By Ron Holloway | July 11, 2008
Awarded the Golden Reel and International Critics Prize at the Hungarian Film Week in Budapest last February, Kornel Mundruczo’s Delta (Hungary/France/Germany, 2008) arrived at Cannes as a front runner for Palme d’Or laurels. To say nothing of the director’s career as a rising auteur linked directly to the good graces of this festival.
And although Delta came away empty-handed on awards night, it did receive the prestigious FIPRESCI Critics Prize, thus certifying Mundruczo as a creative name to watch in the Hungarian national cinematography already packed with awarded auteur filmmakers at key international festivals – among them, Bela Tarr (The Man from London, Cannes 2007), Benedek Fliegauf (Milky Way, Locarno 2007), Gyorgy Palfi (Taxidermia, Cannes 2006), and Nimrod Antal (Control, Cannes 2004). Four years in the making, Delta had to be largely reshot due to the death of the lead actor (Lajos Bertok, to whom the film is dedicated) in the middle of shooting. The film then went through plot changes to fit the personality of the new lead actor, musician Felix Lajko, in order to accommodate someone who had never stood before a camera before. Flooded with the striking visual scenery of the Romanian Danube delta, a lush wildlife haven, this aspect of the film alone made it a standout at Cannes. Add a haunting musical score composed by violin virtuoso Felix Lajko, and you have a creative work of film art that deserves recognition on multiple fronts.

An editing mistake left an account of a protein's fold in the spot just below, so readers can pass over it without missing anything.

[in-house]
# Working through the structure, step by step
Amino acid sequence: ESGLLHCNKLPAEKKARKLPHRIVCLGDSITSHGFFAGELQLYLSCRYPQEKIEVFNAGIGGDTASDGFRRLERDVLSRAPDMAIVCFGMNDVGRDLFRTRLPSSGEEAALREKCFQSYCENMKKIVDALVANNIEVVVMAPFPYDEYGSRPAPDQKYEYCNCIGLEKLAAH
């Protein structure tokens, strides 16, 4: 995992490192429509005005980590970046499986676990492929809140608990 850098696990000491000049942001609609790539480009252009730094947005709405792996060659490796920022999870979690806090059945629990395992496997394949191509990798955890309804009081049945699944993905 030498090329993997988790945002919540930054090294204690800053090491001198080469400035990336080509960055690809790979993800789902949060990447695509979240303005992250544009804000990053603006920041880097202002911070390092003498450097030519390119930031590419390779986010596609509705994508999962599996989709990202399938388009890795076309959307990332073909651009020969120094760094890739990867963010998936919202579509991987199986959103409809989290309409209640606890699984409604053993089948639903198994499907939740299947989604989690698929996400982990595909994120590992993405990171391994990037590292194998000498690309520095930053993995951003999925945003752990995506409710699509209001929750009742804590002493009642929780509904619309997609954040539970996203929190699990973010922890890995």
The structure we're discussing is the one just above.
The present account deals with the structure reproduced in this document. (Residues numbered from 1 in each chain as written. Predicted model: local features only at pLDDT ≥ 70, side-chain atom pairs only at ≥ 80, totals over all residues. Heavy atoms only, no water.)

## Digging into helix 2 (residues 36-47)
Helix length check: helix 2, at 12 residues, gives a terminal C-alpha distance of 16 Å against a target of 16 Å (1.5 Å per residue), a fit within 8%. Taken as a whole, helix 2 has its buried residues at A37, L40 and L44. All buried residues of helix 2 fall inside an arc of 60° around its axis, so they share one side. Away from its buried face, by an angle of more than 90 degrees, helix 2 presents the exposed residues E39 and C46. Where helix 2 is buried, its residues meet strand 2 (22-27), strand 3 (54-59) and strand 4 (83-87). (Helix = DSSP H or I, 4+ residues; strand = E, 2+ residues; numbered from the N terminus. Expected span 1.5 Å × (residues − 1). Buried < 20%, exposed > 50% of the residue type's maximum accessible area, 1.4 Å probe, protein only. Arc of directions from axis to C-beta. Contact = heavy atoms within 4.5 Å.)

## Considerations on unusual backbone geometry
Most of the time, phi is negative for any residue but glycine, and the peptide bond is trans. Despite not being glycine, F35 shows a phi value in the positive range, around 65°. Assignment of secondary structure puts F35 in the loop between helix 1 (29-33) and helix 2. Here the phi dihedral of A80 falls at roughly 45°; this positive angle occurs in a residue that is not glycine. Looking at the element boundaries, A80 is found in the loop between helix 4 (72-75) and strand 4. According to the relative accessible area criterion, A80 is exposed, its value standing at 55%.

When Mihai (Felix Lajko) returns to the Danube delta after many years, arriving too late for the burial of his father, he finds his mother already married to another man. And he is introduced to his half-sister Fauna (Orsi Toth, the star of Mundruczo’s previous Joanna film-oratorio), whom he did not know even existed. Retreating to an isolated corner of the delta, Mihai sets about building his own house with the help of Fauna, whose decision to live with her brother leads to incest and thereby spurs the scorn of the community. When Fauna is brutally raped by the stepfather – depicted in an emotionally charged long shot – the tragedy then runs its course. Nursed back to health by her Mihai, she is more determined than ever to hold her ground against her family and the community. However, their “unnatural” relationship triggers a vengeful reaction amongst the backward community, leading to a fatal outburst at a feast organized by the pair to make peace with their neighbors.